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Page 321


A word concerning an incident in the last chapter.

According to the invariable usage of the fishery, the whale-boat
pushes off from the ship, with the headsman or whale-keeler
as temporary steersman, and the harpooneer or whale-fastener
pulling the foremost oar, the one known as the
harpooneer-oar. Now it needs a strong, nervous arm to strike
the first iron into the fish; for often, in what is called a long
dart, the heavy implement has to be flung to the distance of
twenty or thirty feet. But however prolonged and exhausting
the chase, the harpooneer is expected to pull his oar meanwhile
to the uttermost; indeed, he is expected to set an example of
superhuman activity to the rest, not only by incredible rowing,
but by repeated loud and intrepid exclamations; and what it is
to keep shouting at the top of one's compass, while all the other
muscles are strained and half started—what that is none
know but those who have tried it. For one, I cannot bawl
very heartily and work very recklessly at one and the same
time. In this straining, bawling state, then, with his back to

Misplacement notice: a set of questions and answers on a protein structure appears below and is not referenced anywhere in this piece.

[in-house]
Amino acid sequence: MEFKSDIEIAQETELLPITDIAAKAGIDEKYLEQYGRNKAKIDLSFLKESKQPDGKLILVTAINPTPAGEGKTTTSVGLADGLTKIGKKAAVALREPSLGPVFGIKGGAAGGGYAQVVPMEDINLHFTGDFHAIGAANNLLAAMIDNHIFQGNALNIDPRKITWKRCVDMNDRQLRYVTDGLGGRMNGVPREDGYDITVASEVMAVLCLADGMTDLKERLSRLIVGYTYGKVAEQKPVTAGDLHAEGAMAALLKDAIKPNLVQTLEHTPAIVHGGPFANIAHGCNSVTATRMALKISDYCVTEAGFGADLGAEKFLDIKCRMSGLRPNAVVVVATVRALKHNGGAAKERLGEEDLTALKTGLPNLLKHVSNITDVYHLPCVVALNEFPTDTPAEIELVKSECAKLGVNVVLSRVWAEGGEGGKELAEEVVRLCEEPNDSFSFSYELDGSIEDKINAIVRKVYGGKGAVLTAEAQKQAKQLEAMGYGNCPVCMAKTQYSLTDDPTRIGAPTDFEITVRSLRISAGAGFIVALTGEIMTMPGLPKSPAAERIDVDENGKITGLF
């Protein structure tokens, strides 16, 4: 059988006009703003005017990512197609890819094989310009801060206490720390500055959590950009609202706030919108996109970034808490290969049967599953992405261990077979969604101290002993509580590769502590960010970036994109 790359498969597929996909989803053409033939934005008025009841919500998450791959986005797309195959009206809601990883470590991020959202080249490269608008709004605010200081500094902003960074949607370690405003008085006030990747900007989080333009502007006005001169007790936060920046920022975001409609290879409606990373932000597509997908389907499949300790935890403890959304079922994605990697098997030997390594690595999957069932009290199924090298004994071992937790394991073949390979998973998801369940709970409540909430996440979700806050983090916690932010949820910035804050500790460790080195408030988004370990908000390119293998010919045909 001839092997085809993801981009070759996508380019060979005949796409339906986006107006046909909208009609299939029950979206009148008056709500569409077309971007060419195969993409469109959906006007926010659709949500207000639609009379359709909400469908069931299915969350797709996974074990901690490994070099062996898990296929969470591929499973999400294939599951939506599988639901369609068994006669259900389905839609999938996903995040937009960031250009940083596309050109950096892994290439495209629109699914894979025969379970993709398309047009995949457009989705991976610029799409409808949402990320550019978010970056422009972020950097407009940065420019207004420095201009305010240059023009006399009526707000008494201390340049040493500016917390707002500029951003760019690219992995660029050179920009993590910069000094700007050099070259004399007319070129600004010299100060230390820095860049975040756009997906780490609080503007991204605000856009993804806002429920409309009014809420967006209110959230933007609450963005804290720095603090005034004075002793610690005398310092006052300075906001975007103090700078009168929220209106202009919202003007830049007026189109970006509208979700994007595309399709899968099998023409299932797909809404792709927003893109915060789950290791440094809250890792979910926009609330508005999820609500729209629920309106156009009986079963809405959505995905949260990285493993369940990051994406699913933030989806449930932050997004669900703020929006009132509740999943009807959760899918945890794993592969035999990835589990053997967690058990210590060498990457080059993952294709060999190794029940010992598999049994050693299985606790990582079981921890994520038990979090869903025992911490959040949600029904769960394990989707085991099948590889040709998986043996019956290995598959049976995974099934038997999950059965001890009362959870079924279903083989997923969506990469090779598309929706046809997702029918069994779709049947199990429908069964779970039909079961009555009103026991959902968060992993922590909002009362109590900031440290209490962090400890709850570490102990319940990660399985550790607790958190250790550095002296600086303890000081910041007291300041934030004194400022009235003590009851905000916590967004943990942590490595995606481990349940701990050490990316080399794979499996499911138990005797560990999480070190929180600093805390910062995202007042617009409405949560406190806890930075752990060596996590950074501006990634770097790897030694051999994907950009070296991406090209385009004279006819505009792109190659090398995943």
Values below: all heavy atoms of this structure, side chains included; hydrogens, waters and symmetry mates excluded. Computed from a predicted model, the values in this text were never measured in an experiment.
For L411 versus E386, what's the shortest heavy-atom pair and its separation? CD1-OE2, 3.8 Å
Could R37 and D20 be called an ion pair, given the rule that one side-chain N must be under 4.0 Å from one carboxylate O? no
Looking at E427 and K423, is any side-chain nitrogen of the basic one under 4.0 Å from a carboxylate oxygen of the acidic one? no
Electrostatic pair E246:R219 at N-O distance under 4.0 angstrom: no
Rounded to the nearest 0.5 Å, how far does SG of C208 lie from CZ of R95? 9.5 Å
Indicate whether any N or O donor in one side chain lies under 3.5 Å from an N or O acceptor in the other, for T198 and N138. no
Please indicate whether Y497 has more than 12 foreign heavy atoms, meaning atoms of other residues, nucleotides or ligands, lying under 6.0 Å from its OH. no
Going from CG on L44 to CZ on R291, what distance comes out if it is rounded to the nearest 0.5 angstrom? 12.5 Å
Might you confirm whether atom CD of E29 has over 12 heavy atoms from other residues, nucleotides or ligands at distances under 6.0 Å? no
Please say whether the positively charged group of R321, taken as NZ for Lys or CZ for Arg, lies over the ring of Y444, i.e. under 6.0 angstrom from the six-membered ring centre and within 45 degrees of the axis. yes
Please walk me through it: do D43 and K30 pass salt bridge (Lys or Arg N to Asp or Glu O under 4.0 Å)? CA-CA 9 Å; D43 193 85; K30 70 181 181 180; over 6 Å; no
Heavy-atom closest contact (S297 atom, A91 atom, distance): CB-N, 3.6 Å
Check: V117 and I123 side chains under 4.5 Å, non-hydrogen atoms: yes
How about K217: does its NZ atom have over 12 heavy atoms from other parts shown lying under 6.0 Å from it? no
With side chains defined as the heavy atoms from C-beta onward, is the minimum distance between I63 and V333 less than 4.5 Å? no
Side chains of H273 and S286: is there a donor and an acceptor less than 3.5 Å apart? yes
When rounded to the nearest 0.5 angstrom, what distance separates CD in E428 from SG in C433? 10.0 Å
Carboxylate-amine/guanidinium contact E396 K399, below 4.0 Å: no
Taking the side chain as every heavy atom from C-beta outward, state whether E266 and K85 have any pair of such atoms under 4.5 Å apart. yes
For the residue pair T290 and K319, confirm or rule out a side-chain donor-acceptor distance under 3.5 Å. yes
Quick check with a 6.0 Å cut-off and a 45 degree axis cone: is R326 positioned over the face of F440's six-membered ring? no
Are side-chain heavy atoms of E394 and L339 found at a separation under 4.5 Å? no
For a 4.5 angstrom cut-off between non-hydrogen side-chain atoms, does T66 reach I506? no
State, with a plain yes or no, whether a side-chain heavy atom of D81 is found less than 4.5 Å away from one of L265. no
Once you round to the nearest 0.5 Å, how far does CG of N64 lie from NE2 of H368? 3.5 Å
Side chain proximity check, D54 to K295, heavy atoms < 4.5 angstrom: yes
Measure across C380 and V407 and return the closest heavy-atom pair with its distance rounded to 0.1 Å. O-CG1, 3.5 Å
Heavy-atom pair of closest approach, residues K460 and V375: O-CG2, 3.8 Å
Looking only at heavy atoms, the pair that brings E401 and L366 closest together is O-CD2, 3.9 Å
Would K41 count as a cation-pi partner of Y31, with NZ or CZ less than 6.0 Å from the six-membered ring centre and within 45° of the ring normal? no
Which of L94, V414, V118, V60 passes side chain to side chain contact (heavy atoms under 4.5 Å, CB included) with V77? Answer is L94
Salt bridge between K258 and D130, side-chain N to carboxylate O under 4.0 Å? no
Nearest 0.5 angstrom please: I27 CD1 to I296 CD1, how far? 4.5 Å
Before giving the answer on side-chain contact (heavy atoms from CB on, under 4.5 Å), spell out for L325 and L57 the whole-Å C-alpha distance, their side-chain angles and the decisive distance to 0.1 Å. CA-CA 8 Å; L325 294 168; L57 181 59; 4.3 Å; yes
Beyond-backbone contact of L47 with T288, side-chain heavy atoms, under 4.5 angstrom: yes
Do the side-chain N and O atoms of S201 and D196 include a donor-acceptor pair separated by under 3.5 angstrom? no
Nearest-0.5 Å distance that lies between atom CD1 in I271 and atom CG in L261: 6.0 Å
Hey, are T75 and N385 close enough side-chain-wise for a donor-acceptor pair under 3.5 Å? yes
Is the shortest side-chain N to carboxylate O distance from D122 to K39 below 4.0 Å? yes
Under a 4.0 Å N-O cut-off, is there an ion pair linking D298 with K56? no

the fish, all at once the exhausted harpooneer hears the exciting
cry—“Stand up, and give it to him!” He now has to drop
and secure his oar, turn round on his centre half way, seize his
harpoon from the crotch, and with what little strength may
remain, he essays to pitch it somehow into the whale. No
wonder, taking the whole fleet of whalemen in a body, that out
of fifty fair chances for a dart, not five are successful; no wonder
that so many hapless harpooneers are madly cursed and disrated;
no wonder that some of them actually burst their blood-vessels


Page 322
in the boat; no wonder that some sperm whalemen are
absent four years with four barrels; no wonder that to many
ship owners, whaling is but a losing concern; for it is the
harpooneer that makes the voyage, and if you take the breath
out of his body how can you expect to find it there when most

Again, if the dart be successful, then at the second critical
instant, that is, when the whale starts to run, the boat-header
and harpooneer likewise start to running fore and aft, to the imminent
jeopardy of themselves and every one else. It is then
they change places; and the headsman, the chief officer of the
little craft, takes his proper station in the bows of the boat.

Now, I care not who maintains the contrary, but all this is
both foolish and unnecessary. The headsman should stay in
the bows from first to last; he should both dart the harpoon
and the lance, and no rowing whatever should be expected of
him, except under circumstances obvious to any fisherman. I
know that this would sometimes involve a slight loss of speed in
the chase; but long experience in various whalemen of more
than one nation has convinced me that in the vast majority of
failures in the fishery, it has not by any means been so much
the speed of the whale as the before described exhaustion of the
harpooneer that has caused them.

To insure the greatest efficiency in the dart, the harpooneers
of this world must start to their feet from out of idleness, and
not from out of toil.